Marijuana Business News


Using Doctors With Troubled Pasts to Market a Painkiller

Dr. Judson Somerville, a pain specialist in Laredo, Tex., received $67,000 in speaking fees, travel and meals in 2013 to promote a powerful and addictive painkiller called Subsys, according to a new federal database of payments that drug companies make to physicians.


Calculating the Enormous Potential of the Hemp Industry

“The crop right now is sellable,” Colorado hemp farmer Jim Denny told NPR reporters earlier this year. “I’ve already had people contact me on my website saying, ‘We know you’re growing stuff and we want to buy it from you already.’ And we haven’t even put it in the ground.”


China’s Marijuana Surprise

Despite a long anti-drug crusade, Beijing is positioned to be a major player in the cannabis market.

An economic stir is happening in China, but it’s in an industry you might not expect. With more than half of the 600 relevant patents filed with the World Intellectual Property Office now owned by Chinese companies, the country is well positioned to dominate the global cannabis market. Which is very surprising for a nation where drug trafficking is still punishable by death and mere possession of the substance can result in a lengthy spell behind bars.


Zynga Founder Trying to Cash In On Marijuana Legalization

Marijuana legalization by Oregon, Alaska, and Washington D.C. in the 2014 election has investors keen on the prospects of the marijuana growth.  It is suspected that more states will legalize in 2016, so the race is on who is going to be at the forefront of this new industry.


Denmark funds medicinal cannabis research

In what could be a small but important change in the nation’s drug policies, a political agreement to distribute nearly one billion kroner in research funds sets aside money to study the medicinal effects of cannabis.

Despite numerous pushes by Copenhagen’s mayor Frank Jensen tolegalise cannabis in the capital and the booming business in Christiania’s cannabis market, Denmark has taken an official hardline stance on cannabis for both recreational and medicinal use.



'Don't ask, don't tell': How utilities are powering the marijuana industry

rijuana—legal or otherwise—requires a lot of power to produce. And in the Pacific Northwest, utilities are now facing the complicated task of efficiently meeting that demand while navigating a set of opposing laws.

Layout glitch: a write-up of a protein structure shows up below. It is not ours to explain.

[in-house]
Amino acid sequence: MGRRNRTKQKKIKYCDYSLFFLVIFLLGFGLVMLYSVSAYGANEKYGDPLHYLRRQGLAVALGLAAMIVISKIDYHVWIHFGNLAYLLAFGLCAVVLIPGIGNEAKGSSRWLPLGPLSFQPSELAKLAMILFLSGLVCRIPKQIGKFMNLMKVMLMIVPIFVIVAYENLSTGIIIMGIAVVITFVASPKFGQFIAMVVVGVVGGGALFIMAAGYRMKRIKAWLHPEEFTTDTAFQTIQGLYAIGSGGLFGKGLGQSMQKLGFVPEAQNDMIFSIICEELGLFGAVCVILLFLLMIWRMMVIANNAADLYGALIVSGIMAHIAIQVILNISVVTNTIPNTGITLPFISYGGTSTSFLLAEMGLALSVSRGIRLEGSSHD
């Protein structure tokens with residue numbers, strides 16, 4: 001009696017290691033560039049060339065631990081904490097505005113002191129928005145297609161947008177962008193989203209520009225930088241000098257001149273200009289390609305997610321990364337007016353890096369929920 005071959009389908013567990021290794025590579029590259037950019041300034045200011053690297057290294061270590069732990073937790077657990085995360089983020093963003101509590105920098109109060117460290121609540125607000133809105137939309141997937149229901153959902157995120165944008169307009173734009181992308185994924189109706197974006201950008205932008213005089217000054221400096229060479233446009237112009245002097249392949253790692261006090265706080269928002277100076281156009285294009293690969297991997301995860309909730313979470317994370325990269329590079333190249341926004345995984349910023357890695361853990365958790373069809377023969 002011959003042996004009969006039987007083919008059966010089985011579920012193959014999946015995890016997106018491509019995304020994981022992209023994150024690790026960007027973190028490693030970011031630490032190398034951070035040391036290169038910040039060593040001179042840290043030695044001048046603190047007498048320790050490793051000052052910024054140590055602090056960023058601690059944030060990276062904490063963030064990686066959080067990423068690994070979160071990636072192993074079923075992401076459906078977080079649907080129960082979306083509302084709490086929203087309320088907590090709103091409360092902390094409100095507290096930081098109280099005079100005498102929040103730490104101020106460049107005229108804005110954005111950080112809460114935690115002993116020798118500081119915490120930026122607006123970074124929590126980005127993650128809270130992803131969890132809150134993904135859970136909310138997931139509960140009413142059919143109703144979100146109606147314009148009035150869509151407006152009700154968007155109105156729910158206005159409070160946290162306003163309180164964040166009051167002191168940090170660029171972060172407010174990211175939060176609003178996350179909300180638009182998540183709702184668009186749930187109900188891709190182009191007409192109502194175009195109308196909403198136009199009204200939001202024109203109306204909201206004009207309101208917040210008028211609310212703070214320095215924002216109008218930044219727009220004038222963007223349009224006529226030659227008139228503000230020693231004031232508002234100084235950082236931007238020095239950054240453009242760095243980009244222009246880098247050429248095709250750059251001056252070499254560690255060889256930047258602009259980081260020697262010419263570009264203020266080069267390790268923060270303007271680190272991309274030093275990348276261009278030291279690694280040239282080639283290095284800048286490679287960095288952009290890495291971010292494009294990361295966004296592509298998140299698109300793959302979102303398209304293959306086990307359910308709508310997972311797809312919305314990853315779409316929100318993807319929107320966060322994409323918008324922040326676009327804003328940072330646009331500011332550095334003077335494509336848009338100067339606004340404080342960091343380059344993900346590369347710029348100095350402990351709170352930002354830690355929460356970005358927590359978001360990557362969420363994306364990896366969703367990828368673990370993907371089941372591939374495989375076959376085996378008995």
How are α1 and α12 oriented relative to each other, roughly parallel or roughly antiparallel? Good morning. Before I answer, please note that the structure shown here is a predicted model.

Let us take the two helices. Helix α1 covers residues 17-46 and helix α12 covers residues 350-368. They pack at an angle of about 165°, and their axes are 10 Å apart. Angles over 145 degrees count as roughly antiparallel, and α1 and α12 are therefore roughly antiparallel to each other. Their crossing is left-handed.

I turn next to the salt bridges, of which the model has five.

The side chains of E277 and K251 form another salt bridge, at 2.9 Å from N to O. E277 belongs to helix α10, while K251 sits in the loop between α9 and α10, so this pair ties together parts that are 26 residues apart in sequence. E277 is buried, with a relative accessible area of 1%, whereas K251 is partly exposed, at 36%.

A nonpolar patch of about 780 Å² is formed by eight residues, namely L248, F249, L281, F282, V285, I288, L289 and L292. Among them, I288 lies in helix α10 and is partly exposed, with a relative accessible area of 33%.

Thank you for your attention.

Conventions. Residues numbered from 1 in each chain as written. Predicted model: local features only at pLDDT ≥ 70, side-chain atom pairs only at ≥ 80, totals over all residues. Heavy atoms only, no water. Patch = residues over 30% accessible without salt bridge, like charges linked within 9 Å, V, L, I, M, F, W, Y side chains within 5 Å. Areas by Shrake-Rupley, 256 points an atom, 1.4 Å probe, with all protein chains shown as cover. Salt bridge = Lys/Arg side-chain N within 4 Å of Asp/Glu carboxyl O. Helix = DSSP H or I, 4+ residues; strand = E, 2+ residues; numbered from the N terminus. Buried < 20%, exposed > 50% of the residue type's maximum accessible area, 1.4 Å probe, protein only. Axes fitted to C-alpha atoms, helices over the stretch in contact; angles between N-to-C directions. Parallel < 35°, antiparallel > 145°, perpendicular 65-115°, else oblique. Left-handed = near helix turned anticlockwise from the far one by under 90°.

Just how much power the marijuana industry uses is tough to judge, and estimating future demand is even trickier. The recreational market is just getting started in Washington, where legal sales began this summer. Since July 8, the state is reporting just shy of $24 million in sales—and the pace seems to be accelerating. Sales in July averaged about $146,450 per day and so far in October have reached almost $400,000 each day.

How does that translate into power demand forecasts?


Uruguay’s superstar president bows out – but will his liberal marijuana laws survive?

Juan Palese, 25, stands outside the door of his Urugrow shop, sharing a red-tipped marijuana joint with a group of young friends. The sweet, pungent aroma of cannabis permeates the street as chattering students from Montevideo’s nearby school of social sciences walk heedlessly by.

“Two policemen live here, right next door,” Palese says with a mischievous look, leaning into the entrance of an old house next to his “grow shop”, where he sells fertilisers and compost for growing cannabis at home. Business is good, and a steady trickle of customers arrive throughout the afternoon.


Getting Past Staff Growing Pains

For many companies, the core of their culture is bound up with their size. A small startup tries to maintain its closeknit vibe and ability to move very quickly as it grows, while larger firms take pride in their presence, process and strength in a given field.

Despite nostalgia for what once was, many companies strive for growth and expansion yet face challenges in handling current operations as they grow. Whether they aim to reach the 10- or 50-employee mark, businesses can rely on basic planning, tracking and forecasting principles to manage an expansion to realize success and minimize growing pains.



Times of Zambia | Couple busted over 700kgs cannabis



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